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KARL FRANZEN   

Sincerest form of flattery?

When Clive Palmer and Bob Katter began talks of joining forces to make some political noise last year, the chance of a clash between the two outspoken Queenslanders was always going to be high.

 

As it turned out things did get heated and plans were scrapped but it appears Clive is still very keen on Bob, even going as far as attempting to trademark his name.

On 30 December, the mining mogul applied for trademarks on a number of names for creating his own potential political parties, including Katter's United Australia Party – not a million miles away from the Katter's Australian Party which Bob leads.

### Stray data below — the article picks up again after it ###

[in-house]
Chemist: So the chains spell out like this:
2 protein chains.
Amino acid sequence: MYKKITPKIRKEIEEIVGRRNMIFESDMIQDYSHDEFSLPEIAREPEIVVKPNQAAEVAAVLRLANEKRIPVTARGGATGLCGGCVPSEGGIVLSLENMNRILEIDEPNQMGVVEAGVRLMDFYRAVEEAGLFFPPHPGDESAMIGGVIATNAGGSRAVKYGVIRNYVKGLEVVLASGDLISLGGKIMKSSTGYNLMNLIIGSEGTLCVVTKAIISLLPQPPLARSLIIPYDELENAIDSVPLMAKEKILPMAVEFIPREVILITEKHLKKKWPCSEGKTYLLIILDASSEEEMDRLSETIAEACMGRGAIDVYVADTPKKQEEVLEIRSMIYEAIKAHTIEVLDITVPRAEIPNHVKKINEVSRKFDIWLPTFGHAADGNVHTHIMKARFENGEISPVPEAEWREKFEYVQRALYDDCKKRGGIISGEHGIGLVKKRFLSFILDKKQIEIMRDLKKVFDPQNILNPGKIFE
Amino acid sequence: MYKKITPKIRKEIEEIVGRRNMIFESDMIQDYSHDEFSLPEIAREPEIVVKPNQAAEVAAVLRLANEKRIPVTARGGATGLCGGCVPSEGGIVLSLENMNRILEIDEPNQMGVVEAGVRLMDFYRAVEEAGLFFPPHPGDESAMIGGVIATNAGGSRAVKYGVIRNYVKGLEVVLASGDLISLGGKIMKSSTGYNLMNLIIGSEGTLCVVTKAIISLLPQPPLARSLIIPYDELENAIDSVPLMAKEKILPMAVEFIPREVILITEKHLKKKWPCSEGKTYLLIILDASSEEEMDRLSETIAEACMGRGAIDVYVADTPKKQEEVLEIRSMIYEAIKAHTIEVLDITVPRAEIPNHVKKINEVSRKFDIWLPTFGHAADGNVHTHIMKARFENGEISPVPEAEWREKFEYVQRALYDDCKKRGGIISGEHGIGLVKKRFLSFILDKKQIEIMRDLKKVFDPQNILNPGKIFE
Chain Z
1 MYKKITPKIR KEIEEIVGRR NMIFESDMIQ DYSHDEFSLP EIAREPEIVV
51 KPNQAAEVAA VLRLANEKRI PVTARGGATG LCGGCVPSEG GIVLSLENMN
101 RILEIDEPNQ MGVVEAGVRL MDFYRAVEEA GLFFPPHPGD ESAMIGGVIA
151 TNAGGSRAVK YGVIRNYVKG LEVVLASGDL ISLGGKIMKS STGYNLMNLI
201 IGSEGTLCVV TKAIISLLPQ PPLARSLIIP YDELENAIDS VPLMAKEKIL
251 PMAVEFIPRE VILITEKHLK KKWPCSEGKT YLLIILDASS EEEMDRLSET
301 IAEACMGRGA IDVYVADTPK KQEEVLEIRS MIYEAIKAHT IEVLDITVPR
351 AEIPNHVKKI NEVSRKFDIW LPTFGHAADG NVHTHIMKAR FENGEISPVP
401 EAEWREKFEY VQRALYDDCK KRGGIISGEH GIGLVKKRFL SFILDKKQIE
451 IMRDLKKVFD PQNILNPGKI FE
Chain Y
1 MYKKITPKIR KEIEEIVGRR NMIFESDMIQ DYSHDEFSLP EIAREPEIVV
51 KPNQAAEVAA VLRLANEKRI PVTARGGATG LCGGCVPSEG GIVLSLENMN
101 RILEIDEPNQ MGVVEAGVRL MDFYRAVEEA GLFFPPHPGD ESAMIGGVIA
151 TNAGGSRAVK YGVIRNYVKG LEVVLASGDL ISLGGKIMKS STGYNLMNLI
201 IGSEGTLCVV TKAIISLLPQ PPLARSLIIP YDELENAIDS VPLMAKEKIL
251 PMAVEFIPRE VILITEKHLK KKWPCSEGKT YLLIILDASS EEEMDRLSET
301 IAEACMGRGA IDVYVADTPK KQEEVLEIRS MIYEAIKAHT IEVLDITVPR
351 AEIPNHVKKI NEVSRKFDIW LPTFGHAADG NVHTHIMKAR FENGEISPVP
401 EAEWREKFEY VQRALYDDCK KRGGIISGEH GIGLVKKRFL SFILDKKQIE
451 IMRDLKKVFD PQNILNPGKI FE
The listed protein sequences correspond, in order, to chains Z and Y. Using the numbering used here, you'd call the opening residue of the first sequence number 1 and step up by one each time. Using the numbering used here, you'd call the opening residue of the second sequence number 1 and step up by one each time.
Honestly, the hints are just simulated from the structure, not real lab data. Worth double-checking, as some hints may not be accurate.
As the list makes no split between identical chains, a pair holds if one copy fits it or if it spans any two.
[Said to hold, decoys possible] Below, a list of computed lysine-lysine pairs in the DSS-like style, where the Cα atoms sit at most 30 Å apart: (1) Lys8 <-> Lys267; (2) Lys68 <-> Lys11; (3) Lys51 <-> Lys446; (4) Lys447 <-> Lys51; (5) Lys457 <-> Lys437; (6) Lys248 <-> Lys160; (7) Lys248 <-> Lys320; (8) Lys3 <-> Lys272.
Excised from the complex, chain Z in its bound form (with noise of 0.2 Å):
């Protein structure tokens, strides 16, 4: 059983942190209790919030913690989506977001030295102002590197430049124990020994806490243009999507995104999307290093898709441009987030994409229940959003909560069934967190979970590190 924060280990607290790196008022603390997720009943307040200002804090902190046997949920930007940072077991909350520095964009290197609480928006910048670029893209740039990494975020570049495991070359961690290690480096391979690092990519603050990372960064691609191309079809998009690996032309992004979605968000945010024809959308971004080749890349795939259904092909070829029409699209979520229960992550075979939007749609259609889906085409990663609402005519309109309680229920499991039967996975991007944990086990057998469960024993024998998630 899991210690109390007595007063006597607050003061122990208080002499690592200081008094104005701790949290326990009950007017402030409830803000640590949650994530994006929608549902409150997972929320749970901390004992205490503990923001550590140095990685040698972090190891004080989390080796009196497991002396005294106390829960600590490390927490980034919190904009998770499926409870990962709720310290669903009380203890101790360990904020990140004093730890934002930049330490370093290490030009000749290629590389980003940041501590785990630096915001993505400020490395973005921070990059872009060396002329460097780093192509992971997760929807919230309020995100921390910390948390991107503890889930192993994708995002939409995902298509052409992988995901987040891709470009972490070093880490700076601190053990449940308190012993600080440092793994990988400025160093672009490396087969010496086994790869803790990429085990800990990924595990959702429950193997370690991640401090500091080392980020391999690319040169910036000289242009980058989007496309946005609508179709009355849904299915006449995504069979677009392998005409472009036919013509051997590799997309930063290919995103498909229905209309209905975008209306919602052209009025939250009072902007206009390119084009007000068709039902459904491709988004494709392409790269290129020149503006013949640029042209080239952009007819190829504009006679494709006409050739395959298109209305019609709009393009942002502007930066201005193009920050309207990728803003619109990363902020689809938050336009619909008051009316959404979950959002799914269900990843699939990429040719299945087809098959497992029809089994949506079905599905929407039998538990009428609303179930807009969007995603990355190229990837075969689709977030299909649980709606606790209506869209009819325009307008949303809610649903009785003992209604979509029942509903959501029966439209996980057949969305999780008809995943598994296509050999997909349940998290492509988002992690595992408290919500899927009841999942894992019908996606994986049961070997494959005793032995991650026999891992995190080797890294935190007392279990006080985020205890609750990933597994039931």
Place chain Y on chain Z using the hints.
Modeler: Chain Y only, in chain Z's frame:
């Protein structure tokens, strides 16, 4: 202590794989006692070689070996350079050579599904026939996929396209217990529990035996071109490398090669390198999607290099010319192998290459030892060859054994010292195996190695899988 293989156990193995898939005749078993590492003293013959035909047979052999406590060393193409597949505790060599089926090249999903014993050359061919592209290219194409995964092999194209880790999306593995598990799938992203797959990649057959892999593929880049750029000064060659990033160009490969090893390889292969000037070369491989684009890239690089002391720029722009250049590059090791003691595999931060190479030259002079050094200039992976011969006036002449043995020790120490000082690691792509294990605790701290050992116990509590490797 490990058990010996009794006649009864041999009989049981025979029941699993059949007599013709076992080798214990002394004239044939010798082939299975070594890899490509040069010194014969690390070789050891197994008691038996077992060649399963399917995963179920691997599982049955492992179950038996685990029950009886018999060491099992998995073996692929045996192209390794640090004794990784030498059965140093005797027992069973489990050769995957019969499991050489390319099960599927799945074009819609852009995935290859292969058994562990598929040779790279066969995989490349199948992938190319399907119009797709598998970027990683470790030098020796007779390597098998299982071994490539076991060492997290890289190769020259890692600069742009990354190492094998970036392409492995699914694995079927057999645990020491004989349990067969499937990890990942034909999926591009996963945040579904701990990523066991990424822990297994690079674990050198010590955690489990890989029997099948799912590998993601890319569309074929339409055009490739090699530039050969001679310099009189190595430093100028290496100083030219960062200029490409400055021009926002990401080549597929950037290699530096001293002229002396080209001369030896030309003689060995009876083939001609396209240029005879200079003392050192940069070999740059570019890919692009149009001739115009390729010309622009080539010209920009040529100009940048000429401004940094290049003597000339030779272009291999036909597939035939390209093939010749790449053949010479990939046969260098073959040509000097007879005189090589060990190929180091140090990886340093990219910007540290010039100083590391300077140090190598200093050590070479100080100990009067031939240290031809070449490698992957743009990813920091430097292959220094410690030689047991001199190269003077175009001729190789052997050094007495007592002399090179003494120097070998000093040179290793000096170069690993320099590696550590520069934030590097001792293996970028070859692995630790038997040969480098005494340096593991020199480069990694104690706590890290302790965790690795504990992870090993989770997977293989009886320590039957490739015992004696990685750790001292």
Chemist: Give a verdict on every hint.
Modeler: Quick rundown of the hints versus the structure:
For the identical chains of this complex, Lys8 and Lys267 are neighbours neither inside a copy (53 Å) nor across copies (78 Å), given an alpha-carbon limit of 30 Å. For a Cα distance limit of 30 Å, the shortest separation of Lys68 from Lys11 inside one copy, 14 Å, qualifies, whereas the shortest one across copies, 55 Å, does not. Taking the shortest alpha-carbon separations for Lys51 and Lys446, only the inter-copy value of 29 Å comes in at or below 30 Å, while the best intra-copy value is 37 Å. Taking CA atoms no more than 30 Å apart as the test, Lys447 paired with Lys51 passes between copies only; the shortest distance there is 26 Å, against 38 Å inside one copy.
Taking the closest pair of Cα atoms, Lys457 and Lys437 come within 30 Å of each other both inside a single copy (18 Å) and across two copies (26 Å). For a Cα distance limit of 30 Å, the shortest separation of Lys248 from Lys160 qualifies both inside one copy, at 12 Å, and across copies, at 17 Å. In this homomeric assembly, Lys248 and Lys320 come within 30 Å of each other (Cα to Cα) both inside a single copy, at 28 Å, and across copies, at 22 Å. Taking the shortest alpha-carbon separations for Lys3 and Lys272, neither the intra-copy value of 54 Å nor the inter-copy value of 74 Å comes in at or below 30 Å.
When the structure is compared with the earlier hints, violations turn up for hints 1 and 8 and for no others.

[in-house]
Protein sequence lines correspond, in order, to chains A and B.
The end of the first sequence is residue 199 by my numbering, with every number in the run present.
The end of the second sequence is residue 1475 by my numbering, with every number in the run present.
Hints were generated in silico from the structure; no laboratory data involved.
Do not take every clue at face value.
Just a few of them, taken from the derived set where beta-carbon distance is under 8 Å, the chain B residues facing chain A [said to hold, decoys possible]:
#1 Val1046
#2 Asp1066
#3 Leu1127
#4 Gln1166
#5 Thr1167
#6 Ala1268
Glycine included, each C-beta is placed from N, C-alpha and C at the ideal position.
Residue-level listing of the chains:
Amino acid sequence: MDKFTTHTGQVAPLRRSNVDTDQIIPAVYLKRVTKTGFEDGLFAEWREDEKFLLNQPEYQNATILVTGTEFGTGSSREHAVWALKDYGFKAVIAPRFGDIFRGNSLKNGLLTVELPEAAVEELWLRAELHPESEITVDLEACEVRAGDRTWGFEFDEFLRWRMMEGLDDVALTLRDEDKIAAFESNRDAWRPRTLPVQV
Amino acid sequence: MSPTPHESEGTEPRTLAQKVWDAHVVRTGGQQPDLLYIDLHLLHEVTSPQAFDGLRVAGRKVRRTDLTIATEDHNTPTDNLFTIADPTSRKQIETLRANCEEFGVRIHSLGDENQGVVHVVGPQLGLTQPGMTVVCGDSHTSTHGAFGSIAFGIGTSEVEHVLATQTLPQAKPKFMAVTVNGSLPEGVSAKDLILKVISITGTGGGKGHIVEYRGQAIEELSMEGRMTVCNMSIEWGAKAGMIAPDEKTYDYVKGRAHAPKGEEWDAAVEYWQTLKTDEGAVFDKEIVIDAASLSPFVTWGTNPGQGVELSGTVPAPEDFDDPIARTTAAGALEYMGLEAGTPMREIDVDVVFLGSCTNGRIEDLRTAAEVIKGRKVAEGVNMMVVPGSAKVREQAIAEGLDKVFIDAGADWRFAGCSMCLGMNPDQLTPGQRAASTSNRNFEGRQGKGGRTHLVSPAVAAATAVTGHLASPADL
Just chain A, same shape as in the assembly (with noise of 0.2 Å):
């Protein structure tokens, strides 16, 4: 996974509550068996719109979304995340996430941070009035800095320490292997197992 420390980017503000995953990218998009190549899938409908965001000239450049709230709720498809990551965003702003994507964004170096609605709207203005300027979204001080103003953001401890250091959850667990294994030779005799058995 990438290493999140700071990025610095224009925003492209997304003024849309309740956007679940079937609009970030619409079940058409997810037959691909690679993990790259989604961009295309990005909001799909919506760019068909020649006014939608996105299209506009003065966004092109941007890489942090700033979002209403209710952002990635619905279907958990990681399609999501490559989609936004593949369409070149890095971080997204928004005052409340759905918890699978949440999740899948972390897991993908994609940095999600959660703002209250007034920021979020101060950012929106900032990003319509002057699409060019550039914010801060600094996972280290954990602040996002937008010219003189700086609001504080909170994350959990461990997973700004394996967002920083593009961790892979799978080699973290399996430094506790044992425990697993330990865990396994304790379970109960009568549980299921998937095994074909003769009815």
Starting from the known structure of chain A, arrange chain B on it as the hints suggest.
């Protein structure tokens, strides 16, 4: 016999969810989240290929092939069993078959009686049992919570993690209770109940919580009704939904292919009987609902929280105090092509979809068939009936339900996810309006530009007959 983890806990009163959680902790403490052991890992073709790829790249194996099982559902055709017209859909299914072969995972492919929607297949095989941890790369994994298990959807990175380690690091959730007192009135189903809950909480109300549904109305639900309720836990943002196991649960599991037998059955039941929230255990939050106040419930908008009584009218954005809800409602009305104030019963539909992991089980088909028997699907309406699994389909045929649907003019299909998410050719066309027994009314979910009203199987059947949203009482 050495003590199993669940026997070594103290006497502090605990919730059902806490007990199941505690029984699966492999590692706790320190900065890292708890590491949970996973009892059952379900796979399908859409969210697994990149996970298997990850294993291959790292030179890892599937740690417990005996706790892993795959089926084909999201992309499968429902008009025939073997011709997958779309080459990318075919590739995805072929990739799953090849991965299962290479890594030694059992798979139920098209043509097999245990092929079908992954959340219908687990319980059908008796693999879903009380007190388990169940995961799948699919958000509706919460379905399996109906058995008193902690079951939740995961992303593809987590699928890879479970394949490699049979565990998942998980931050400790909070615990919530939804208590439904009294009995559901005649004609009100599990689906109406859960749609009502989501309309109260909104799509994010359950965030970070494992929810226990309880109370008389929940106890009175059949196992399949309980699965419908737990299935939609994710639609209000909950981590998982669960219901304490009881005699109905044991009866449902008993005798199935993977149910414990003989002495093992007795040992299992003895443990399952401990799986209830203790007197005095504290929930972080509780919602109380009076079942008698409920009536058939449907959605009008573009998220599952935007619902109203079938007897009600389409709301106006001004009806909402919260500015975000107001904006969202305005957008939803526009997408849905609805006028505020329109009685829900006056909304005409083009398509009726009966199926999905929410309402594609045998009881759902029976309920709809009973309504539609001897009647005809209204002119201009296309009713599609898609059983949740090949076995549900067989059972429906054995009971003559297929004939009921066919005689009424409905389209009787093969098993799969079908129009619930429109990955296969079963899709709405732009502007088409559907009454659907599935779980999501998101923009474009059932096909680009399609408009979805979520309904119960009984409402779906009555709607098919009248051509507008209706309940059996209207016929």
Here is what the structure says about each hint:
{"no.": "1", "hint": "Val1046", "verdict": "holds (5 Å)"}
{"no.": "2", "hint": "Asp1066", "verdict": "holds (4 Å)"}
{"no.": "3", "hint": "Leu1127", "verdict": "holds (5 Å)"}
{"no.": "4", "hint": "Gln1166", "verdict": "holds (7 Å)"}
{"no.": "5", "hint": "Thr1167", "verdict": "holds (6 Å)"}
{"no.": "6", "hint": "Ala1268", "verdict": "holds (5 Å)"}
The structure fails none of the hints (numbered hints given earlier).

It appears that nobody told Bob or his party about the move.

Katter’s Australian Party national director Aidan McLindon has objected to the trademark being granted.

“If something with Katter's name is registered separate to our organisation, naturally we have to protect the brand and everything we stand for,” he told reporters.

“If they cut and paste Katter's good name, naturally we'd put an objection in.”

Mr McLindon did not seem to hold any hard feelings about Clive borrowing Bob’s name and the application had been made before discussions over an alliance were abandoned in January.

“He's a savvy businessman and made sure he'd covered all bases, between United Australia Party and Katter's Australian Party,” Mr Lincoln said.

“He was making sure he was covered for any potential synergy that the two organisations had.”

 

 



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